Pieces of wafers can be placed onto 4" silicon wafers, or mounted as long as material does not get on the clamp. It is common for through-silicon etches to use a carrier wafer, often bonded with wax on the [[Wafer Bonder (Logitech WBS7)|Logitech bonder]], and excess wax carefully removed to ensure not adhesion to the clamp.
  
 
==Recipes==
 
==Recipes==

Latest revision as of 10:01, 1 December 2021

DSEIII (PlasmaTherm/Deep Silicon Etcher)
DSEIII.jpg
Tool Type Dry Etch
Location Bay 2
Supervisor Tony Bosch
Supervisor Phone (805) 893-3486
Supervisor E-Mail bosch@ece.ucsb.edu
Description Deep Silicon Etcher: Bosch MEMS Processes
Manufacturer Plasmatherm
Dry Etch Recipes
Sign up for this tool


About

The Si DRIE system is a Plasma-Therm DSEIII series system with a loadlock. The system has an Inductively Coupled Plasma (ICP) coil and a capactively coupled substrate HF (13.56MHz) and LF (100kHz) supplies to independently control plasma density and ion energy in the system. This system is dedicated to deep silicon Bosch etching, although short O2 etches are also permitted. The fixturing is configured for 4" diameter Si wafers and uses a clamp to hold the sample on the RF chuck.

The materials allowed to be exposed in the system are limited to Silicon, SiO2, Si3N4, SiOXNY, and polymer films such as photoresist, PMMA, and polyimide. Other materials can be placed in the chamber with staff approval.

Helium back-side cooling is used to keep the sample cool during the etch. Temperature control is very important as the polymer passivation layer is chemically etched away by the fluorine gas at elevated temperatures, resulting in loss of profile control.

The etch rate is dependent on the open area of silicon (macro-loading effect) with large open area samples etching slower than small open area samples. Features with a high aspect ratio will also etch slower than more open areas. This is known as RIE lag or the micro-loading effect.

The in-situ laser monitor installed on this system allows for repeatable etches and endpoint detection via continuous optical monitoring of the wafer reflectivity in a user-determined location, through a porthole on the chamber.

Detailed Specifications

  • 3500 W ICP coil power at 2 MHz and 500 W substrate bias at 13.56 MHz plasma generators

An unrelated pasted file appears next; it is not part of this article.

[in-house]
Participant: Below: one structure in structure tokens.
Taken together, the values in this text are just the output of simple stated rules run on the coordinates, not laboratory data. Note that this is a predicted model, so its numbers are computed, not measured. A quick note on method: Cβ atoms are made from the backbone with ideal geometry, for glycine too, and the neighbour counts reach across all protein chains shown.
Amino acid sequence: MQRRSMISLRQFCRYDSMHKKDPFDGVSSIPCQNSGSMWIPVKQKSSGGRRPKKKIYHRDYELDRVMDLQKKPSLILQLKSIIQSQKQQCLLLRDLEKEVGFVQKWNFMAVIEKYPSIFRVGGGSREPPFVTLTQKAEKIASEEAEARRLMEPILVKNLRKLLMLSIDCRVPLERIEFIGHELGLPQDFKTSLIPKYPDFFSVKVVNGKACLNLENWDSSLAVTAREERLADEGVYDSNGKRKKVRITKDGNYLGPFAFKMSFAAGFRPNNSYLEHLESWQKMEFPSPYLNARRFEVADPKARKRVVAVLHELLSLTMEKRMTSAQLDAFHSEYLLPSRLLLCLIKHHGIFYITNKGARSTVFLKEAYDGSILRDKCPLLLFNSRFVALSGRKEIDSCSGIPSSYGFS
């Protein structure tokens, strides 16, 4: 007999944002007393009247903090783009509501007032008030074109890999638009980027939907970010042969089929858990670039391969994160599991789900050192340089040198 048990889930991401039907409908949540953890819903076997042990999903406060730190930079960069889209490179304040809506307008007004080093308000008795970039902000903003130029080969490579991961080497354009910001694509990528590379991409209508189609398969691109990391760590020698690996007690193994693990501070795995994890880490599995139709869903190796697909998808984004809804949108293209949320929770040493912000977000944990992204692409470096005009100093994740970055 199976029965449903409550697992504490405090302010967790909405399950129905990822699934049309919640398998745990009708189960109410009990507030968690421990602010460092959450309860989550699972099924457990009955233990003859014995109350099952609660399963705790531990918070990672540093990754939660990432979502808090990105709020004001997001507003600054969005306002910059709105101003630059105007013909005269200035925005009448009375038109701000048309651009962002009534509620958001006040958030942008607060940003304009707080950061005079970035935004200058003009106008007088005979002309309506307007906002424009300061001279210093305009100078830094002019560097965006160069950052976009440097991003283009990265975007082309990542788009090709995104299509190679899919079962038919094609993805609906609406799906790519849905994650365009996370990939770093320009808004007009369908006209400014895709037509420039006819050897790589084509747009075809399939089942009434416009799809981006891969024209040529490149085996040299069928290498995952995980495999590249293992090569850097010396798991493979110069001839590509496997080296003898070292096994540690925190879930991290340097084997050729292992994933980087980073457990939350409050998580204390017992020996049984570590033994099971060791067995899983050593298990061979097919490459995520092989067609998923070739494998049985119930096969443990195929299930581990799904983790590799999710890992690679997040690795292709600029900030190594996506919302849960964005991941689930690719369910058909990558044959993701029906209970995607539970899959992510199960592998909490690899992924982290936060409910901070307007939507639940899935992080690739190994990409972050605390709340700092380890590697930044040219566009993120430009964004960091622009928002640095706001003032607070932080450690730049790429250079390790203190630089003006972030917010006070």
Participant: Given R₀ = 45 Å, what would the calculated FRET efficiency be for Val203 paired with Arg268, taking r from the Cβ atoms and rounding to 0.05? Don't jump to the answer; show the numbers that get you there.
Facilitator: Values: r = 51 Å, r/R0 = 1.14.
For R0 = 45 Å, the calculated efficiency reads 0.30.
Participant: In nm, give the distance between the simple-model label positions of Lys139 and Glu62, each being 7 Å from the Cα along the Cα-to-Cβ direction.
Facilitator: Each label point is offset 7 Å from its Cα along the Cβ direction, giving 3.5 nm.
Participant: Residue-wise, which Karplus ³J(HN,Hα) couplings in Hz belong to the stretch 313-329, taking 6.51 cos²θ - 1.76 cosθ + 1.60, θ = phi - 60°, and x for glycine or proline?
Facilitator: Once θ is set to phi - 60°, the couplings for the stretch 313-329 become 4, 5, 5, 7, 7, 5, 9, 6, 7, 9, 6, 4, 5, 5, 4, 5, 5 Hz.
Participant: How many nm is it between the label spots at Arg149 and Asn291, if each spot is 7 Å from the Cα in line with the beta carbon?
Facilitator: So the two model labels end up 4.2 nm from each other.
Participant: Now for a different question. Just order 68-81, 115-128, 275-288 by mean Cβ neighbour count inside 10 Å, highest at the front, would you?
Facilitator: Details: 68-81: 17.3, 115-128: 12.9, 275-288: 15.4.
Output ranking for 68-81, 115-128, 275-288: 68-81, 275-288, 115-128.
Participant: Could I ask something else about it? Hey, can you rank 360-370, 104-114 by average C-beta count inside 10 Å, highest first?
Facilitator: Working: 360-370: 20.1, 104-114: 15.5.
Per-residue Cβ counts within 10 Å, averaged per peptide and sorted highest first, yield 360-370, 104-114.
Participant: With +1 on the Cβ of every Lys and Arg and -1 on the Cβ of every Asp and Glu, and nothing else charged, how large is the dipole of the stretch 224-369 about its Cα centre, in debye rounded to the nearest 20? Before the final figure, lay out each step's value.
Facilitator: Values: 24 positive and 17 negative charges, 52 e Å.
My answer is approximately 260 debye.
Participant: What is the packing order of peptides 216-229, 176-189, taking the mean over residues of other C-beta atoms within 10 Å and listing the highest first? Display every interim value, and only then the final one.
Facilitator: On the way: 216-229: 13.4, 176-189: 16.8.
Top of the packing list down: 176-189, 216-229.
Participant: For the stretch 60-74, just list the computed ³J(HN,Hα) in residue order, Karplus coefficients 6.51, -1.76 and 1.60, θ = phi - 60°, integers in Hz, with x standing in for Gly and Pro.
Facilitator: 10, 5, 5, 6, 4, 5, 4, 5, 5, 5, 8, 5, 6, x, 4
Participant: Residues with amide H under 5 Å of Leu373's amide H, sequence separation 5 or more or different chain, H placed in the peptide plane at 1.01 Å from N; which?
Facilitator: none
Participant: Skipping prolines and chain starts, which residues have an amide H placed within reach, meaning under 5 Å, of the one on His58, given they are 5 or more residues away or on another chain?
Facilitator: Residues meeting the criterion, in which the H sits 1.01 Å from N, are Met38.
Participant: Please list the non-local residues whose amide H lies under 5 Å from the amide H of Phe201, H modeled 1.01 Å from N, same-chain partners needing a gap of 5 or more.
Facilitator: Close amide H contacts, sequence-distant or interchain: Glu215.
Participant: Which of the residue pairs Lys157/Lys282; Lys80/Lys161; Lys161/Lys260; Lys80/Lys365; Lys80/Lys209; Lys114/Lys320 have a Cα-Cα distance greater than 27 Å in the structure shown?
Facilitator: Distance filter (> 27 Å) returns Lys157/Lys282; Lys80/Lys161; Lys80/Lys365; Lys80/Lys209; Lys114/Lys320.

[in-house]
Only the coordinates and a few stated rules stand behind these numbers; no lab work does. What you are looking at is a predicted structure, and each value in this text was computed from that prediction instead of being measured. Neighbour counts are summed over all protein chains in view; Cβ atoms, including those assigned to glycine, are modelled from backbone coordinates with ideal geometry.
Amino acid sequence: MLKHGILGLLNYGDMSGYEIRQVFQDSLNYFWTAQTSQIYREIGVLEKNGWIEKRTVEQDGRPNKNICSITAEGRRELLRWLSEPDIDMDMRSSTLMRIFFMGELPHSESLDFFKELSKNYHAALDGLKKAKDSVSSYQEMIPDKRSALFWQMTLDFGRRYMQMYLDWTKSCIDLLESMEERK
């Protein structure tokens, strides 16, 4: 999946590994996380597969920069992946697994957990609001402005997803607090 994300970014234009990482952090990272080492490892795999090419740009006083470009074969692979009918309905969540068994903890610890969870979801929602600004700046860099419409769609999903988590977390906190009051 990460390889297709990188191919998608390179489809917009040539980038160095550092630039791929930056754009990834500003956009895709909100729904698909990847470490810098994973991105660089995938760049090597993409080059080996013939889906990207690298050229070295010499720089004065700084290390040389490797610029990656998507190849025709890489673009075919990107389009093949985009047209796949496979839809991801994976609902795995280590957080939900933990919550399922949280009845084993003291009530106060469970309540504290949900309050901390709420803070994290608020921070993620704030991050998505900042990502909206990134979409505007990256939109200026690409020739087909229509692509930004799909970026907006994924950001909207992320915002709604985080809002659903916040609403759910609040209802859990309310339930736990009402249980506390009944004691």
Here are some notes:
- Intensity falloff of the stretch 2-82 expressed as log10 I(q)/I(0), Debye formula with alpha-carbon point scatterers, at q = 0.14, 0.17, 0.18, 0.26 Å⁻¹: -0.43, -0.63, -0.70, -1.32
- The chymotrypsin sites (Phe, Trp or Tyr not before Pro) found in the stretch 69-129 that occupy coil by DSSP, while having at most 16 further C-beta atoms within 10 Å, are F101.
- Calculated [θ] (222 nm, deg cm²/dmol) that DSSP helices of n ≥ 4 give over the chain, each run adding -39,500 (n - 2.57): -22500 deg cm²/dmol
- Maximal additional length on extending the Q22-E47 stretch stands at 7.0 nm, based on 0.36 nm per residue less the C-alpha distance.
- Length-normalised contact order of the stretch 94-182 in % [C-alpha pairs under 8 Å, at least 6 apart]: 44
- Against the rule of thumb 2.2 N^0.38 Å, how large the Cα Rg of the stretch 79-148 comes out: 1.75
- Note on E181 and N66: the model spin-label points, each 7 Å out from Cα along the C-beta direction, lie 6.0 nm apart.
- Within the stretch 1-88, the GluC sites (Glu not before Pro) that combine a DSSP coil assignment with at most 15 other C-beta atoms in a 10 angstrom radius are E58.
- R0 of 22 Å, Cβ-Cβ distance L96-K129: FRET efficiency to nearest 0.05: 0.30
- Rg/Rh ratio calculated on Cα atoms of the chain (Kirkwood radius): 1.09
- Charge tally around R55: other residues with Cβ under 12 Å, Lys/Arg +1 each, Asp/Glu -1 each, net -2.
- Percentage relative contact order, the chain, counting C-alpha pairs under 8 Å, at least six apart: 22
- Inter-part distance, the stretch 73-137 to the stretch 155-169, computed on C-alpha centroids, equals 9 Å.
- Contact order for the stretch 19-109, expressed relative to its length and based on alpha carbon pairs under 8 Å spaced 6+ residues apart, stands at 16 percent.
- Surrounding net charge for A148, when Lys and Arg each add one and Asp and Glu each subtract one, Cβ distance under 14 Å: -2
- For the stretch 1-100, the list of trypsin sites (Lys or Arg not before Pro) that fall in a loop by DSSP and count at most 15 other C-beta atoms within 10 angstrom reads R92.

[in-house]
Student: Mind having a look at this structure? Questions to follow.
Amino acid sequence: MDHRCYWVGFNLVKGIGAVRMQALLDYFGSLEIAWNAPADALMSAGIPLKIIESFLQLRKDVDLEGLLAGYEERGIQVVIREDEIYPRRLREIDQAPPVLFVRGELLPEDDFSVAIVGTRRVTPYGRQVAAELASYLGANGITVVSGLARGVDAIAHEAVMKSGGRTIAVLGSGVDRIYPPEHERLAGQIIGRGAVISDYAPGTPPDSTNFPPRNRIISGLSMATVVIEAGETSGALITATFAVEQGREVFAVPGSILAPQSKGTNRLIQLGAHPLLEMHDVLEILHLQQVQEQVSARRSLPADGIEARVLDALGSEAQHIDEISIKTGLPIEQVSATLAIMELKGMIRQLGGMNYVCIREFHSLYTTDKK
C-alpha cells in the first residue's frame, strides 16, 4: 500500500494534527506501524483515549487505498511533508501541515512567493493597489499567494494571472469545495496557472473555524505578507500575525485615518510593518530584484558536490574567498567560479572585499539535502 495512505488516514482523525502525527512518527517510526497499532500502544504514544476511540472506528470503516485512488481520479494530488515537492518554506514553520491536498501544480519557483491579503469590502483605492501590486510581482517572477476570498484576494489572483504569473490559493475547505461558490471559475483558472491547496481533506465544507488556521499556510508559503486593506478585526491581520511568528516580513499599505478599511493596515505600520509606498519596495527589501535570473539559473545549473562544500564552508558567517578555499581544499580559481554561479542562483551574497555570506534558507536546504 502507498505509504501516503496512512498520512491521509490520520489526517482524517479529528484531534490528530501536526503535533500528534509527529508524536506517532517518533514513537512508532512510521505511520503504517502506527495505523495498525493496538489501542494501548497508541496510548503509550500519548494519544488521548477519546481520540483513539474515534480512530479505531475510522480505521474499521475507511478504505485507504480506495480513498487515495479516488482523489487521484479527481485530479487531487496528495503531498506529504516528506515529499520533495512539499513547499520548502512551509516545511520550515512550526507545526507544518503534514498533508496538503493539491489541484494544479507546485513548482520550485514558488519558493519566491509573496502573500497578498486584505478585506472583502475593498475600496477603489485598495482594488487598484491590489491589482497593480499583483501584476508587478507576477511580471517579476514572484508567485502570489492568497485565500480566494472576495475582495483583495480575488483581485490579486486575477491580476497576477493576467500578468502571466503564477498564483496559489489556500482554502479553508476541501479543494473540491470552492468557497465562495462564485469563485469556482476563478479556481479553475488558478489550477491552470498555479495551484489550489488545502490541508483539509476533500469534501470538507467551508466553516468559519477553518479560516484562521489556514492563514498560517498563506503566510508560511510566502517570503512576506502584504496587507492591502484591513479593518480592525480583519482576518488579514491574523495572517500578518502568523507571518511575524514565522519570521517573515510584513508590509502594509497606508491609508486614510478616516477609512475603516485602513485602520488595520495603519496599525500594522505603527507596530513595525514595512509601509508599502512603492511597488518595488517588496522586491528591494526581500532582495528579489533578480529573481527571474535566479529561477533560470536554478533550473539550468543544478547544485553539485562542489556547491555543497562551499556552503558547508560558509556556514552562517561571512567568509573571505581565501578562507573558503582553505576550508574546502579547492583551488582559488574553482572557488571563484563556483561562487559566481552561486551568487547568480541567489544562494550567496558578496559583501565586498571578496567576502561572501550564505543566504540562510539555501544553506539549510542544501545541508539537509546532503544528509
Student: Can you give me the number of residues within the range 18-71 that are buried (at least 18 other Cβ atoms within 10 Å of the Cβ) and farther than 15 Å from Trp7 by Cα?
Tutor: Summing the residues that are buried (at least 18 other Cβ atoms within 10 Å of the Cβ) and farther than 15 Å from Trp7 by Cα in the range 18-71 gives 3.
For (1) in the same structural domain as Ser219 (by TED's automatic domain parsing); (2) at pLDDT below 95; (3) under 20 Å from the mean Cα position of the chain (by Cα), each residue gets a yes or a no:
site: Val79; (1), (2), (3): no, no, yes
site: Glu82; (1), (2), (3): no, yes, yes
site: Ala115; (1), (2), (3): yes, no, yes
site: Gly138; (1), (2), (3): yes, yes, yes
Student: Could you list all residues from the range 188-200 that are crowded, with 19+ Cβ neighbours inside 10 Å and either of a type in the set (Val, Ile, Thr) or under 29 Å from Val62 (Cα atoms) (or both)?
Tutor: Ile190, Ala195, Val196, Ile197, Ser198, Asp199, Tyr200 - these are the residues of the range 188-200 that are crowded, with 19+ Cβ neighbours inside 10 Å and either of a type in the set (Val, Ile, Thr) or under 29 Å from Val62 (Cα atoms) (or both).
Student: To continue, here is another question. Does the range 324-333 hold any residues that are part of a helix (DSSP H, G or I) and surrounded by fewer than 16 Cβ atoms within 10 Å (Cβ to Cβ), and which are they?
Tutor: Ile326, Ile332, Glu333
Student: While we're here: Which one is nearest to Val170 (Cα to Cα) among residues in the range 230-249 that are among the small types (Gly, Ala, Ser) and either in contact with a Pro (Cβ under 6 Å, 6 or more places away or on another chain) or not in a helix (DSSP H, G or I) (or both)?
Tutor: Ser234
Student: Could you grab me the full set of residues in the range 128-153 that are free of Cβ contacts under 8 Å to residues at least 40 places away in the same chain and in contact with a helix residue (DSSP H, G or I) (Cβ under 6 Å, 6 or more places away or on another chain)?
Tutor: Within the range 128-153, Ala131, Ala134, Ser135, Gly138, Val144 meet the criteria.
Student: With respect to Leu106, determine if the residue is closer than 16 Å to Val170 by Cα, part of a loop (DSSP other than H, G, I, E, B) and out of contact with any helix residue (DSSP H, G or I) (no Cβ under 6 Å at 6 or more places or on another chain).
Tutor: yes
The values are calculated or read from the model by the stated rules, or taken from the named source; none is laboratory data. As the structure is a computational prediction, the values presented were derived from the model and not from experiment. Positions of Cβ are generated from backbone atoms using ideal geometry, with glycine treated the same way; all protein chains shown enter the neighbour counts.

• C4F8, SF6, O2, Ar, N2 gases available
  • He-back-side cooling
  • 100mm wafer held down with ceramic clamp., single-load
    • Users must ensure thick photoresists or other substances do not contact the clamp, to prevent wafer stiction and breakage.
  • Windows-based Cortex software control of process and wafer handling
  • Allowed materials: Silicon, SiO2, Si3N4, SiOXNY, Al, Al2O3, and polymer films such as photoresist, PMMA, and polyimide; CrystalBond wax for mounting to carrier wafer (ask staff before using oil).
    • Realized etch rates (including passivation steps) for Bosch process of >8 um / min. Selectivity to resist > 80:1 for low aspect ratio.
  • Laser monitoring with camera and etch simulation software: Intellemetrics LEP 500

Operation Procedures & Documentation

Preventing Wafer Breakage

It is very important that your wafer does not stick to the top-side clamp in the chamber. The clamp will get hot during long etches, causing thick photoresists to soften and adhere to the clamp, resulting if wafer loss and breakage.

Users must remove photoresist from the wafer edge to prevent this. We have photolithographic methods for performing this cleanly, or simple swabbing with EBR100 also works well.

See this page for Edge-Bead Removal techniques: Manual Edge-Bead Removal Techniques

Remove at least 7mm around ALL of the outer edge of the 4-inch wafer. Do not try to save die by removing less, or you will lose the whole wafer and require the chamber to be vented.

Pieces of wafers can be placed onto 4" silicon wafers, or mounted as long as material does not get on the clamp. It is common for through-silicon etches to use a carrier wafer, often bonded with wax on the Logitech bonder, and excess wax carefully removed to ensure not adhesion to the clamp.

Recipes